Ah, baseball season is starting, and I fondly recall seven or so decades back when I watched the Phillies play from my 50-cent bleacher seat. Or when I could afford to spend an entire buck for a grandstand seat above the home team dugout.
Today’s cheapest seats in most ballparks go for about $30 per game, while those closer to the action soar upwards from $100. I won’t even go into charges for parking, hot dogs and drinks. Even the most frugal fan can expect to shell out at least $100 per person per ball game.
Why, you may ask? When you get to your overpriced seat, you’ll have the pleasure of watching the young multimillionaires cavort on the field. Guys right out of college, where their classroom attendance was not required, are signing on for five and ten million bucks a year.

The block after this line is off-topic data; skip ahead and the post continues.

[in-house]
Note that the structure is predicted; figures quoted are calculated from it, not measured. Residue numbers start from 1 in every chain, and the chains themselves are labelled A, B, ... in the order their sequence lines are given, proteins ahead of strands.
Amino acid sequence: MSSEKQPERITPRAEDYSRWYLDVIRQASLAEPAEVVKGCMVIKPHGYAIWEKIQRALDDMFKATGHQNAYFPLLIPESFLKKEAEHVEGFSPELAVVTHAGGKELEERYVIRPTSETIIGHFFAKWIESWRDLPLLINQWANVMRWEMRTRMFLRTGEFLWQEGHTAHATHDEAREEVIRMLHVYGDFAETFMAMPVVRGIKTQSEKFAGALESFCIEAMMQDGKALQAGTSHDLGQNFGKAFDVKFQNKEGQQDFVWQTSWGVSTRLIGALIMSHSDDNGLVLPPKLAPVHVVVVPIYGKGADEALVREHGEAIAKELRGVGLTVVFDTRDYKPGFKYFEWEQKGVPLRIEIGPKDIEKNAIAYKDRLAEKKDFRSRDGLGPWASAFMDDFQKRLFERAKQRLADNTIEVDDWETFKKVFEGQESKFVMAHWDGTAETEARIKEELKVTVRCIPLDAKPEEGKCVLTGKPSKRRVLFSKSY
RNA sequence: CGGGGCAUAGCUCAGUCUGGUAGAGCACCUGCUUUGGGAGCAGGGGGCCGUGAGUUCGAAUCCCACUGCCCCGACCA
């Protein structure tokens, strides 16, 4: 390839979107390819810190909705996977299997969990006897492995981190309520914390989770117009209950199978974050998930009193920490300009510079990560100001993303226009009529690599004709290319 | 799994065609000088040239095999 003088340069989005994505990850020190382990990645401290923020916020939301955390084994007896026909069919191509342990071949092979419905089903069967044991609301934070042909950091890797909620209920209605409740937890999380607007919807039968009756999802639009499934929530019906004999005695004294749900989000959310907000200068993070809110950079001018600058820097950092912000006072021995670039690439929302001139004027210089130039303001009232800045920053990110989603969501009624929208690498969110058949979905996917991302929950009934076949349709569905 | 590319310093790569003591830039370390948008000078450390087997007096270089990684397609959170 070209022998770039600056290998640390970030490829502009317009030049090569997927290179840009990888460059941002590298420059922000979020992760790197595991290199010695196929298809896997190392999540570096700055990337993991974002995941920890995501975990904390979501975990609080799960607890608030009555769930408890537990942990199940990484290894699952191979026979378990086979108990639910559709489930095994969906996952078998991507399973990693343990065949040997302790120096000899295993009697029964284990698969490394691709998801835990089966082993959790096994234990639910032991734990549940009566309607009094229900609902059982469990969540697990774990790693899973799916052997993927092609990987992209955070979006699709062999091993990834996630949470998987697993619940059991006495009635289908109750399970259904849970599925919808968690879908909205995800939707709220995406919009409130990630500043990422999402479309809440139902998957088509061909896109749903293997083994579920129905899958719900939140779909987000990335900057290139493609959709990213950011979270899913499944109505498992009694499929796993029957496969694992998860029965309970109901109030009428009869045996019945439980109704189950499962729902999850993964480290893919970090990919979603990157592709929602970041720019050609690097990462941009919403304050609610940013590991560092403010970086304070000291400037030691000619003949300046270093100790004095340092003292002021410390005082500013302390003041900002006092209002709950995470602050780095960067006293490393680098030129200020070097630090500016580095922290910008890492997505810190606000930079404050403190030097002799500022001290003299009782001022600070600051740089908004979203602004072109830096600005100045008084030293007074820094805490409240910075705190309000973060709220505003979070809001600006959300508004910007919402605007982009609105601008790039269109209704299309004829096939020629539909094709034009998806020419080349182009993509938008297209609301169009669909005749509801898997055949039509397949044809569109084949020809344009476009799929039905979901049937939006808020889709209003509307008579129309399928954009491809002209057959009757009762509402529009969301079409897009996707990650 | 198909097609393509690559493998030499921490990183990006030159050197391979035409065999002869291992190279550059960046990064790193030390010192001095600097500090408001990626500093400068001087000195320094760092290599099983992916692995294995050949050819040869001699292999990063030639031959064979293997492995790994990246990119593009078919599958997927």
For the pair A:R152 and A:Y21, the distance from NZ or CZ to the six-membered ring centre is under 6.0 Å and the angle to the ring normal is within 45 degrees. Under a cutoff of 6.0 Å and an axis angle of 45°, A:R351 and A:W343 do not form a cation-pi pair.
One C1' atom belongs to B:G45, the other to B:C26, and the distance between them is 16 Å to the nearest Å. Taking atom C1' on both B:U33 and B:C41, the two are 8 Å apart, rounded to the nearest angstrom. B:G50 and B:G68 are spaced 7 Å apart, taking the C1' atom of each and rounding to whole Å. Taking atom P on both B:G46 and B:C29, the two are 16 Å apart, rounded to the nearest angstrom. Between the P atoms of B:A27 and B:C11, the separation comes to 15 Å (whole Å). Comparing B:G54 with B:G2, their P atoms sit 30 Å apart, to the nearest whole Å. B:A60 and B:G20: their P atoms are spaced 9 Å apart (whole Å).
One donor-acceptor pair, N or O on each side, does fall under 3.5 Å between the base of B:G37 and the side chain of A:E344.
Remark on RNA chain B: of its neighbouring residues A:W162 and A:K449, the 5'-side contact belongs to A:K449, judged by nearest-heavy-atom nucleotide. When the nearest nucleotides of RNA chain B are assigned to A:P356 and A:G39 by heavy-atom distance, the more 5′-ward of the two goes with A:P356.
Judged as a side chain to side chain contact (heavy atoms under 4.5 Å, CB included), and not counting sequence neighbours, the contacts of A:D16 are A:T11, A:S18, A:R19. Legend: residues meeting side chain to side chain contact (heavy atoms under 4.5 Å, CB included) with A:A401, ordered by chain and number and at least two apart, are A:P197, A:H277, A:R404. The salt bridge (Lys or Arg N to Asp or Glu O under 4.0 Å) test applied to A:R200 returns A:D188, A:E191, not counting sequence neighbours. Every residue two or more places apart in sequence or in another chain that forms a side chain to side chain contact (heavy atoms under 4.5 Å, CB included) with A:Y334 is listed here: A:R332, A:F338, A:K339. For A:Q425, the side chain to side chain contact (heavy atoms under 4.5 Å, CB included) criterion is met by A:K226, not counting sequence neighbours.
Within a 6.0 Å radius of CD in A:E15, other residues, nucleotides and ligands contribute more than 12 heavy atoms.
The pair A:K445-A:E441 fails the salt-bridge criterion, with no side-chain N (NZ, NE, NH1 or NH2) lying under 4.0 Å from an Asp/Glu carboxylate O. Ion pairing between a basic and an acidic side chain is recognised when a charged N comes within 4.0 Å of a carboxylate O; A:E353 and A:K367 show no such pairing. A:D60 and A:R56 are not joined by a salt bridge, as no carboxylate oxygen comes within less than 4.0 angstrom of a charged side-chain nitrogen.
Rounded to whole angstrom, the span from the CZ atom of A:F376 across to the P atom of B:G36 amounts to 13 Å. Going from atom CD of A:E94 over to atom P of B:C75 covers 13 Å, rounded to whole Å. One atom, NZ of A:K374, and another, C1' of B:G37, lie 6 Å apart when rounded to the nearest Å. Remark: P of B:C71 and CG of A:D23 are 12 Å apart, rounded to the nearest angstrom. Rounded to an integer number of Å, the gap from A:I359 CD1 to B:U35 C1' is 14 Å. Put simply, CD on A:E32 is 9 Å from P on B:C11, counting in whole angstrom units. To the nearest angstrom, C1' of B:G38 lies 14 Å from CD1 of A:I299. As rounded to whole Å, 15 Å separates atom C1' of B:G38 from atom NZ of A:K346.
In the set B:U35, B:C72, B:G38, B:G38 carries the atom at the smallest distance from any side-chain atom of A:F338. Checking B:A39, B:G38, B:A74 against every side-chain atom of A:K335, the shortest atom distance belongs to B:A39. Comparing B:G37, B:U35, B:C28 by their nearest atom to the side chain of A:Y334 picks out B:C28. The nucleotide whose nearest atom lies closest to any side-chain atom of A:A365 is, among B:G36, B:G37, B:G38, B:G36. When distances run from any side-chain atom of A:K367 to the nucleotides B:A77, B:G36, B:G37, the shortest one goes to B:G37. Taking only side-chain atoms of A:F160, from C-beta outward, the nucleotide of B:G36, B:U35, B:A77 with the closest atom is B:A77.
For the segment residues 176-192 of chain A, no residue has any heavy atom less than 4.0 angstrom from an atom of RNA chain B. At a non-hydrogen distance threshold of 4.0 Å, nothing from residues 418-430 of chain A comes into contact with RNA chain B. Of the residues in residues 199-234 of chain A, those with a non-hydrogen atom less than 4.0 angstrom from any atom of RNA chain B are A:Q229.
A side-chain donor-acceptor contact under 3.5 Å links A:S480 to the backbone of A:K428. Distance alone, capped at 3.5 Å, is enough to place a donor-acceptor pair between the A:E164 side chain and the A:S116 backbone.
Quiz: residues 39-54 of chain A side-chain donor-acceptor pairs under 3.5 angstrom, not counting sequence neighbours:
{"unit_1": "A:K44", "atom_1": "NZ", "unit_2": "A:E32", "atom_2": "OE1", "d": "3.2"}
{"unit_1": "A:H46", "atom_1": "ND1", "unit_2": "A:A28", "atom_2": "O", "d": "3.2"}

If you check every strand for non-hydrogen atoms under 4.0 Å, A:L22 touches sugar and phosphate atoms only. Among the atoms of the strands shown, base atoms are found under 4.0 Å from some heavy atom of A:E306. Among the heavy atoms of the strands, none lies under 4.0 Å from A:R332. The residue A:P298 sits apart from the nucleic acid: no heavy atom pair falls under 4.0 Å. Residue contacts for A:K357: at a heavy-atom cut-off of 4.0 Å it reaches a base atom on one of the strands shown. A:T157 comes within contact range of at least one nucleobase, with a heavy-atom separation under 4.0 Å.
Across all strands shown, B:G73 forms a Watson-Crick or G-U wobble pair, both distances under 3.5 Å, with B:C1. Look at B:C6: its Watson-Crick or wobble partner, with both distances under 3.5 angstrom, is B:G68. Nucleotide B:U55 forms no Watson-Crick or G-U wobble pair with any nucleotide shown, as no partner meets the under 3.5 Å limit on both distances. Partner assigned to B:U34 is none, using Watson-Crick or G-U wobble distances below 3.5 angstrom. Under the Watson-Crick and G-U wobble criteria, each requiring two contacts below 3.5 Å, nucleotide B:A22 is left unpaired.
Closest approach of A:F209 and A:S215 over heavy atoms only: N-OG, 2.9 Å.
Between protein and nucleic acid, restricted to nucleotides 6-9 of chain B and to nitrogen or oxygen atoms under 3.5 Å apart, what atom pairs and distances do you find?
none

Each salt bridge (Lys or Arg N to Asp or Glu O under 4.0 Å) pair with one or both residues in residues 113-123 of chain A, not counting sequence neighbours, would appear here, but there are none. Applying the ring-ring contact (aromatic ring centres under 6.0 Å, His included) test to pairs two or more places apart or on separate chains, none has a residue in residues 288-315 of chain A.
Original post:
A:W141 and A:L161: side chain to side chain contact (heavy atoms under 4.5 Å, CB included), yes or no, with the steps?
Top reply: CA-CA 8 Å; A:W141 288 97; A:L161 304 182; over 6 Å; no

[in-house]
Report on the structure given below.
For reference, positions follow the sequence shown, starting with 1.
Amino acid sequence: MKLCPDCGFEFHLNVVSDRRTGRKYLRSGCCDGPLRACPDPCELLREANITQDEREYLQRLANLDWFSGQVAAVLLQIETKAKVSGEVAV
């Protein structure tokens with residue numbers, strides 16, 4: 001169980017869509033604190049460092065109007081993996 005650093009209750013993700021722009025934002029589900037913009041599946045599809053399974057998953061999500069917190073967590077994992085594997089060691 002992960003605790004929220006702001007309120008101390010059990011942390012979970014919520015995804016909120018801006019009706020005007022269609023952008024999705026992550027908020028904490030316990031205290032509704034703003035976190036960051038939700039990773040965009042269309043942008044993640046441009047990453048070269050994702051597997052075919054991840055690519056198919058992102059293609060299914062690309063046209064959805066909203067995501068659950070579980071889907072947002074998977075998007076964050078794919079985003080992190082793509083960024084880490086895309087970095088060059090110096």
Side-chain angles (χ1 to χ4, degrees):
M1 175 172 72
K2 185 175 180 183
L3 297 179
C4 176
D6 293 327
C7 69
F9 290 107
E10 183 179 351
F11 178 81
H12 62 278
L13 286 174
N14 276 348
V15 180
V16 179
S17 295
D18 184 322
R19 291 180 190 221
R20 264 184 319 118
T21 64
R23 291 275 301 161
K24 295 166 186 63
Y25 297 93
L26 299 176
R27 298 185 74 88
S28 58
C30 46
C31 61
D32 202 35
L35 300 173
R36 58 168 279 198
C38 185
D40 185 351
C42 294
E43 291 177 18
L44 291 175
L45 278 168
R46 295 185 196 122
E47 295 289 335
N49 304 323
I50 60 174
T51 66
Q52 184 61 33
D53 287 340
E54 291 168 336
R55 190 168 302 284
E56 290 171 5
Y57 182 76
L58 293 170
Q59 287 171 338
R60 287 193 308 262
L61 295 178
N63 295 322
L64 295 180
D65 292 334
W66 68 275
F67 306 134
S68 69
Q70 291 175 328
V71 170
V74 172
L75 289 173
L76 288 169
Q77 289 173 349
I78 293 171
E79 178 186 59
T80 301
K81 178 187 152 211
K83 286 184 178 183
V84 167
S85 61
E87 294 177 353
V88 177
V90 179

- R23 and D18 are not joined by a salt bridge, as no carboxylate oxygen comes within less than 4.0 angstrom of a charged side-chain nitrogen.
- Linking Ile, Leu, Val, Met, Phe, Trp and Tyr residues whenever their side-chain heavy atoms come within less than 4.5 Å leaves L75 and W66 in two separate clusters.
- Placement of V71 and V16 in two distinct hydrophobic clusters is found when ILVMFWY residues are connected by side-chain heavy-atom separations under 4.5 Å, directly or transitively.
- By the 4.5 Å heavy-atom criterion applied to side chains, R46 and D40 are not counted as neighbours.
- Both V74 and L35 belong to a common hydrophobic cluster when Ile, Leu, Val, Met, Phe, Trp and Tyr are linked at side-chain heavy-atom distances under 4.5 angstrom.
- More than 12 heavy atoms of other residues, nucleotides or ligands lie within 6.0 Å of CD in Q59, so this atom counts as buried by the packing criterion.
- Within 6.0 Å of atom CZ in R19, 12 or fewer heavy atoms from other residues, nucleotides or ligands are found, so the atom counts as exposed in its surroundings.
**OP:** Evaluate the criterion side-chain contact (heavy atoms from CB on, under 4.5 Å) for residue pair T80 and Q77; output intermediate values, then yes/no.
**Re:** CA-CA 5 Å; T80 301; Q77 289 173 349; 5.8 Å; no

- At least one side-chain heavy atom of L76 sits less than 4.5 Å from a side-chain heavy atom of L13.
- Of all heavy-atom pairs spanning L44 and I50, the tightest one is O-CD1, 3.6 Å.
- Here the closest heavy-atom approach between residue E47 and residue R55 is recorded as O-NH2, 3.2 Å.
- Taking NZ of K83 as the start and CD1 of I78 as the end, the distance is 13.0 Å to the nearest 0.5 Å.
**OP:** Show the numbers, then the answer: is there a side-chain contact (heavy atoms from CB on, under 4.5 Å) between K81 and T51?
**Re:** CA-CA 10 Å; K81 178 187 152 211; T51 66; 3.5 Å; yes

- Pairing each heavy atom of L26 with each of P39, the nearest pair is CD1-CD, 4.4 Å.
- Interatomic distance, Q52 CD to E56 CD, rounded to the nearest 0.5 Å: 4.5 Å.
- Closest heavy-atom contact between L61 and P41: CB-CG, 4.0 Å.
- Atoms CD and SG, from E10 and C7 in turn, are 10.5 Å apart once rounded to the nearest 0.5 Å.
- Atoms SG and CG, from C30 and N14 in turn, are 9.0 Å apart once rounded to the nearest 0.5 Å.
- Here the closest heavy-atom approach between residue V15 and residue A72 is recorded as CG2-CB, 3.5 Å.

OK, so that isn’t what they get to keep. We must factor in taxes, agents, cars, condos, ex-wives, child support, hookers, drug dealers and other hangers-on. Those poor deprived jocks probably only net a paltry two or three million a year.
Do they deserve all those bucks? It reminds me of the story of Babe Ruth’s comments when he was the highest paid baseball player. In 1930, his Yankee salary was a record $80,000. When a reporter told him President Herbert Hoover wasn’t making that much money, the Babe replied, “I had a better year.”
OK, if you must pay $150 for an hour or two at a ball game, watching multimillionaires toil for only six months of the year, that’s your choice. Once settled in your ballpark seat, don’t complain if the big fat guy in front of you jumps up and blocks out the best play as he spills his beer all over you. Just remember, you can watch the game on TV for free from your couch and spill your own beer all over you.